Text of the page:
Scottish whisky liqueurs have been around longer than you might think, with “brose” – a mixture of whisky, honey, oatmeal and, if desired, cream – being produced for centuries.
Drambuie is the best-known modern iteration, a mainstay of gantries around the globe. A blend of whisky, heather honey, herbs and spices, its name is derived from the Gaelic phrase “an dram buidheach”, meaning “the drink that satisfies”. Legend has it that Bonnie Prince Charlie gave the recipe to Captain John MacKinnon of the clan MacKinnon in return for sanctuary on the Isle of Skye, where he fled after the Battle of Culloden in 1746.
The recipe was then given in the late 19th century to James Ross, who ran a hotel on Skye, where he developed the recipe and began selling it to patrons in the 1870s, with the name being registered as a trademark in 1893. Ross’s widow was obliged to sell the recipe to make ends meet, and did so to another (unrelated) family named MacKinnon, which began producing the drink in its current form in Edinburgh in 1910. In 1916 Drambuie became the first liqueur to be allowed in the cellars of the House of Lords and was shipped to British soldiers stationed around the world. The liqueur has been produced at the Morrison Bowmore Distillers facility in Glasgow since 2010 and in 2014 the brand was sold to William Grant & Sons for a rumoured price of £100 million.
Also well-known is Glayva, made from a blend of whiskies, spices, tangerines, cinnamon, almonds and honey, now produced by Whyte & MacKay. Created in 1947 by wine and whisky merchant Ronald Morrison, a member of the Invergordon family of distillers, who was based at the port of Leith and as such had easy access to the exotic ingredients that gave his liqueur its distinctive, warming flavour, its name comes from the exclamation of his warehouseman upon tasting it that it was “gle mhath” – Gaelic for “very good”.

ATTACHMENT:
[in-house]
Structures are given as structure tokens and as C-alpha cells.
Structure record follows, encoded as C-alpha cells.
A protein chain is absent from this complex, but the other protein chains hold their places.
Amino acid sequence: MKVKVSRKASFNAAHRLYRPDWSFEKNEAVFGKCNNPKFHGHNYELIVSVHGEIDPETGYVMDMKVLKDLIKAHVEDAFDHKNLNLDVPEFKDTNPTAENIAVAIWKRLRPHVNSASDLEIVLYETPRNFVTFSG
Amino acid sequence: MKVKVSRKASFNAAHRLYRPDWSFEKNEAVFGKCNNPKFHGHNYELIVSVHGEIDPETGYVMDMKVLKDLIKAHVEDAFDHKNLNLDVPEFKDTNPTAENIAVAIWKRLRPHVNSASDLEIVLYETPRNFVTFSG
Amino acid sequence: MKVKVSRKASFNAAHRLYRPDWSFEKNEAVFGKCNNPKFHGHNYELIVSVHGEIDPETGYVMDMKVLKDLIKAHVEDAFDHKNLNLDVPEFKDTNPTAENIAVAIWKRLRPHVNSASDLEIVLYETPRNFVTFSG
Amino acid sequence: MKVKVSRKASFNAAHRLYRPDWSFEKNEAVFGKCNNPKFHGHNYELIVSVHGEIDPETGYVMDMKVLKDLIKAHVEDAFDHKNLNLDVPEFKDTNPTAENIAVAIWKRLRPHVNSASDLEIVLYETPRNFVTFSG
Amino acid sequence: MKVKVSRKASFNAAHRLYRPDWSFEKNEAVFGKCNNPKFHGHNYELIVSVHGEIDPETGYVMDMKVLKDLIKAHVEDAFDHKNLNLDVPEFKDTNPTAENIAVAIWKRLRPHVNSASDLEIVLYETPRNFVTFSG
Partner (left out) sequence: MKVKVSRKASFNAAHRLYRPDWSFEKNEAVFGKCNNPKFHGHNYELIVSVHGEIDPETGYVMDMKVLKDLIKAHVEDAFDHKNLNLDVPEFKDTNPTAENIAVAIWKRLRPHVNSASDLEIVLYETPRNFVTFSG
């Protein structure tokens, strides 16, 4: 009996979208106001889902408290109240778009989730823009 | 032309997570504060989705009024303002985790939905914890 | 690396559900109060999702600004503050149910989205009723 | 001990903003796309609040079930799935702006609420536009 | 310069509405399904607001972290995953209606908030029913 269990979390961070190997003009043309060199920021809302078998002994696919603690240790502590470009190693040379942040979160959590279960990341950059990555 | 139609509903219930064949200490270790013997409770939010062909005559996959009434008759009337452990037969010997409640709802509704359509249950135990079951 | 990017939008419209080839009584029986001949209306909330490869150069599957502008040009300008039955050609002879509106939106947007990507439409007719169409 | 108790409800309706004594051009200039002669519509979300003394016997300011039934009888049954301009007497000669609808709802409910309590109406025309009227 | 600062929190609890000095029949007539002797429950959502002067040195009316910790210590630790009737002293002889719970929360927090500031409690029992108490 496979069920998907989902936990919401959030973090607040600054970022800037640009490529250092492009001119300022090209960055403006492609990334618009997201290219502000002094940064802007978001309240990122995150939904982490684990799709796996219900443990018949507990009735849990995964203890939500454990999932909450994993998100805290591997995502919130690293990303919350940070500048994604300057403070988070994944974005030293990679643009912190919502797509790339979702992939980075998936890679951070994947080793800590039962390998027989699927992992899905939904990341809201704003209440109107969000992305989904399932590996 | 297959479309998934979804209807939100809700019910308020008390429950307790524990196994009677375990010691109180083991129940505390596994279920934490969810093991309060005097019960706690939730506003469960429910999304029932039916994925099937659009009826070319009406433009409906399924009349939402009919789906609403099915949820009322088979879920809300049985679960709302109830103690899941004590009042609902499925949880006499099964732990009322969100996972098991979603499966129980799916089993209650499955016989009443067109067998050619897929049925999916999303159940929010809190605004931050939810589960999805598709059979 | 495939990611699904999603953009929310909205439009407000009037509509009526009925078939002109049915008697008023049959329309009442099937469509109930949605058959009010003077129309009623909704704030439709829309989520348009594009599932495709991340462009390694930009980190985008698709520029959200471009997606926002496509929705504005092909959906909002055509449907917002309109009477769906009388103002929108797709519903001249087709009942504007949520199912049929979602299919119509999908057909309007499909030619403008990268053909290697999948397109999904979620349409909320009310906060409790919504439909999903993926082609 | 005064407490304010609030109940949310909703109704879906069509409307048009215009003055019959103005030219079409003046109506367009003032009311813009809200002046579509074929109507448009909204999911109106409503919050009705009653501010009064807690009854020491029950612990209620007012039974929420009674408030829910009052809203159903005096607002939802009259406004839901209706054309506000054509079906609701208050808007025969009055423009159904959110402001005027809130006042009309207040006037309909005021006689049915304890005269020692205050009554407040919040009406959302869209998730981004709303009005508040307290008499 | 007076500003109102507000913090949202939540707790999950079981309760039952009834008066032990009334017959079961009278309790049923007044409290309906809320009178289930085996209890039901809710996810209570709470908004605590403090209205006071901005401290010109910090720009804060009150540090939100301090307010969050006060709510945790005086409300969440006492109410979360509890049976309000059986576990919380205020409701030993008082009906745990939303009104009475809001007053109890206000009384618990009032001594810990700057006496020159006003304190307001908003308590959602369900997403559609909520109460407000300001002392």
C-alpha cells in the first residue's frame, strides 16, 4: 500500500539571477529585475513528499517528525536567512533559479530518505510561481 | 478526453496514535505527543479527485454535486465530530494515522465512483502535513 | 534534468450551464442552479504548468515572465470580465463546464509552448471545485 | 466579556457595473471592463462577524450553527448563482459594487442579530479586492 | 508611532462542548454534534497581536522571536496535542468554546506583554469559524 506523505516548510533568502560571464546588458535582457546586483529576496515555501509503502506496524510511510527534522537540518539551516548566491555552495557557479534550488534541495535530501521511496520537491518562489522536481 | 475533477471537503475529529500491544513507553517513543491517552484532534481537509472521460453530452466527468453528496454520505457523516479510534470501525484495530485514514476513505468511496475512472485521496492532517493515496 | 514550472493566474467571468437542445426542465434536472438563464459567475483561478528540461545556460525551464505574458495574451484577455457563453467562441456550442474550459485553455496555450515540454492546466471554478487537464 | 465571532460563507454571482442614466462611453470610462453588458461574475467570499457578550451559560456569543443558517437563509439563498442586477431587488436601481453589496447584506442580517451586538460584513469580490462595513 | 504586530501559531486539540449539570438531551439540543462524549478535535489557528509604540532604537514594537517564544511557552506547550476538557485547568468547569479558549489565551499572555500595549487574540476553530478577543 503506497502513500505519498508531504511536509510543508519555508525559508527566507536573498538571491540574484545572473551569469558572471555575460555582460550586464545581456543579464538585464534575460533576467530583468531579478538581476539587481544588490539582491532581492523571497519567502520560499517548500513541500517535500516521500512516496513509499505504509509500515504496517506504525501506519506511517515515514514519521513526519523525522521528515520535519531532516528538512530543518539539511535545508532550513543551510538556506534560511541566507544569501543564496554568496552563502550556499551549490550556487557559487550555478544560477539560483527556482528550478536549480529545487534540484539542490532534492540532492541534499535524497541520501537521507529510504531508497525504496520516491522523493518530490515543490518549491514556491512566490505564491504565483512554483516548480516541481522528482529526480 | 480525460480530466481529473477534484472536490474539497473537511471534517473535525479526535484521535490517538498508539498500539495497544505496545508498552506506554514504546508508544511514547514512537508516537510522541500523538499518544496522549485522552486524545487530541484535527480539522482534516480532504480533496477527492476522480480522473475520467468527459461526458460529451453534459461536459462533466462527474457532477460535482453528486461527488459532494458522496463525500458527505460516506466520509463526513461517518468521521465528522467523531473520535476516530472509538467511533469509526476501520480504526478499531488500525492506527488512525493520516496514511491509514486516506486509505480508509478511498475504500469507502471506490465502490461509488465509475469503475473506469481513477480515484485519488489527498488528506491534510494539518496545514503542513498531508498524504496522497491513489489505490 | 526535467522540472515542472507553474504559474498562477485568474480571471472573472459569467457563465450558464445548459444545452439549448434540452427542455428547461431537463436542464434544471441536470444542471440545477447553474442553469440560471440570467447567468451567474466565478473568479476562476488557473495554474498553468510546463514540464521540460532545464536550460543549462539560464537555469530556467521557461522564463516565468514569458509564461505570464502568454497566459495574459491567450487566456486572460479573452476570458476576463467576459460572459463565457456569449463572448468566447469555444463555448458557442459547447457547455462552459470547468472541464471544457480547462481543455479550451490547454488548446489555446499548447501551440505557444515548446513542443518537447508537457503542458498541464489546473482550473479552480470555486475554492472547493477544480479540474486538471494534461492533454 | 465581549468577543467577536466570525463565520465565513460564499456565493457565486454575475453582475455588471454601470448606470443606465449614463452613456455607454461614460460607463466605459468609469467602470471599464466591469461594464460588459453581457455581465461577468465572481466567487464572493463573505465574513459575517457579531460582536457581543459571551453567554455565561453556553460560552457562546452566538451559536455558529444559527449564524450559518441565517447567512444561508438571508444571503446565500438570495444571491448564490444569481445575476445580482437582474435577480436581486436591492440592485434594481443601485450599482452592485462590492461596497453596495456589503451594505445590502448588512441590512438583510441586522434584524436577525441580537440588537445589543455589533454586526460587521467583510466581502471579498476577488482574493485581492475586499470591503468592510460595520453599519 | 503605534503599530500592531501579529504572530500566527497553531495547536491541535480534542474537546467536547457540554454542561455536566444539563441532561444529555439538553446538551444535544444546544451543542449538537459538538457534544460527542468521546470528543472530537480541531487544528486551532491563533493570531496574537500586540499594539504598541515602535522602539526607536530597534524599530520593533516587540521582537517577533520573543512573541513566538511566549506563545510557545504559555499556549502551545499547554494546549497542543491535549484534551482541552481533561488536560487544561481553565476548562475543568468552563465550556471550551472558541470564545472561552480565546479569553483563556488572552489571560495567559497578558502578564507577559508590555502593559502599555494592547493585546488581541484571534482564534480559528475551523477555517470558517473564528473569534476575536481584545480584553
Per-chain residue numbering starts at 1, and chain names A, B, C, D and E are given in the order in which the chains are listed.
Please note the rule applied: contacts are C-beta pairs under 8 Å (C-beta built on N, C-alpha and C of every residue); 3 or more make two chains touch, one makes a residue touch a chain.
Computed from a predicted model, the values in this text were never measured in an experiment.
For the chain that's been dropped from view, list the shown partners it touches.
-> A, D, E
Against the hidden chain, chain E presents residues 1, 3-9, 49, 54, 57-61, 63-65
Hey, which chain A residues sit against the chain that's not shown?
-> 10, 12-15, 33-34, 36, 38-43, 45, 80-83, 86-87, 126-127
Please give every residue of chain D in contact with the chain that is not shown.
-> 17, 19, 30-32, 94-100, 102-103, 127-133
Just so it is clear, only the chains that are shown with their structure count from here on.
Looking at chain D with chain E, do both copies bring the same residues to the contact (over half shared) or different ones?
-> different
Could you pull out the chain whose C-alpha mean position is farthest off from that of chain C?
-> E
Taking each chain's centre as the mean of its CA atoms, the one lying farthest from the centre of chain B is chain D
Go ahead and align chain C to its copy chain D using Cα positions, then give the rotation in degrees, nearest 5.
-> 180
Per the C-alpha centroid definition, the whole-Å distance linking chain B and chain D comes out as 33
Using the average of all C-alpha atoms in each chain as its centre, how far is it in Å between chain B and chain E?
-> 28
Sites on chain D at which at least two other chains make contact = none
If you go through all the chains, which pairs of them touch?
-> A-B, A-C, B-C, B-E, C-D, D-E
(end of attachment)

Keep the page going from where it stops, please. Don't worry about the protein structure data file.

Named for the Gaelic word for “dream”, Bruadar is a blend of single malt whisky with honey and sloe berries, giving a sweet, soft and subtle taste. Made in Perthshire by Morrison & MacKay, this is a versatile liqueur, intended as equally suitable for an after-dinner drink or sipping from a hip flask on a cold day in the great outdoors.
Also from Morrison & MacKay, Columba Cream was originally created on the Isle of Mull in 1982, taking its name from St Columba. A rich and smooth blend of single malt, fresh cream and honey, based on a centuries-old family recipe for brose, this is one to try if you’re familiar with Baileys Irish Cream and is served the same way; chilled, over ice, or even with ice cream. The firm’s Ginger Tam’s is a rich, spicy, biting blend of a single malt whisky with honey and ginger, giving it plenty of kick and making it an excellent winter warmer and common cold defeater.
Another liqueur inspired by an ancient recipe, this one from the Highlands, Elgin-based merchant Duncan & MacPhail’s Dunkeld Atholl Brose was named the world’s best liqueur at the World Whisky Awards in 2012. Legend has it traditional Atholl Brose was named after the 1st Earl of Atholl, who quashed a Highland rebellion in 1475 by filling the rebel leader’s drinking well with the mixture, making him considerably easier to capture than if he had been drinking water. This liqueur forgoes the cream, with the result a delicate, amber-hued blend of single malt whisky, honey and herbs.
Produced since 1989 by family firm Meikle’s of Scotland in Newtonmore and made with a blend of Speyside whiskies and fermented heather honeycomb, Stag’s Breath has distinctive waxy, musty overtones with a drier taste than other liqueurs and a lower alcohol content. Also from Speyside, Master of Malt Speyside Whisky Liqueur is aimed at single malt aficionados, matured in sherry casks to give it a depth of character and flavour and blended with cinnamon, orange peel and cloves. Intended to be served over ice, and with an additional squeeze of orange peel, the liqueur comes in 10, 15 and 40-year-old varieties – although the latter will set you back around £520.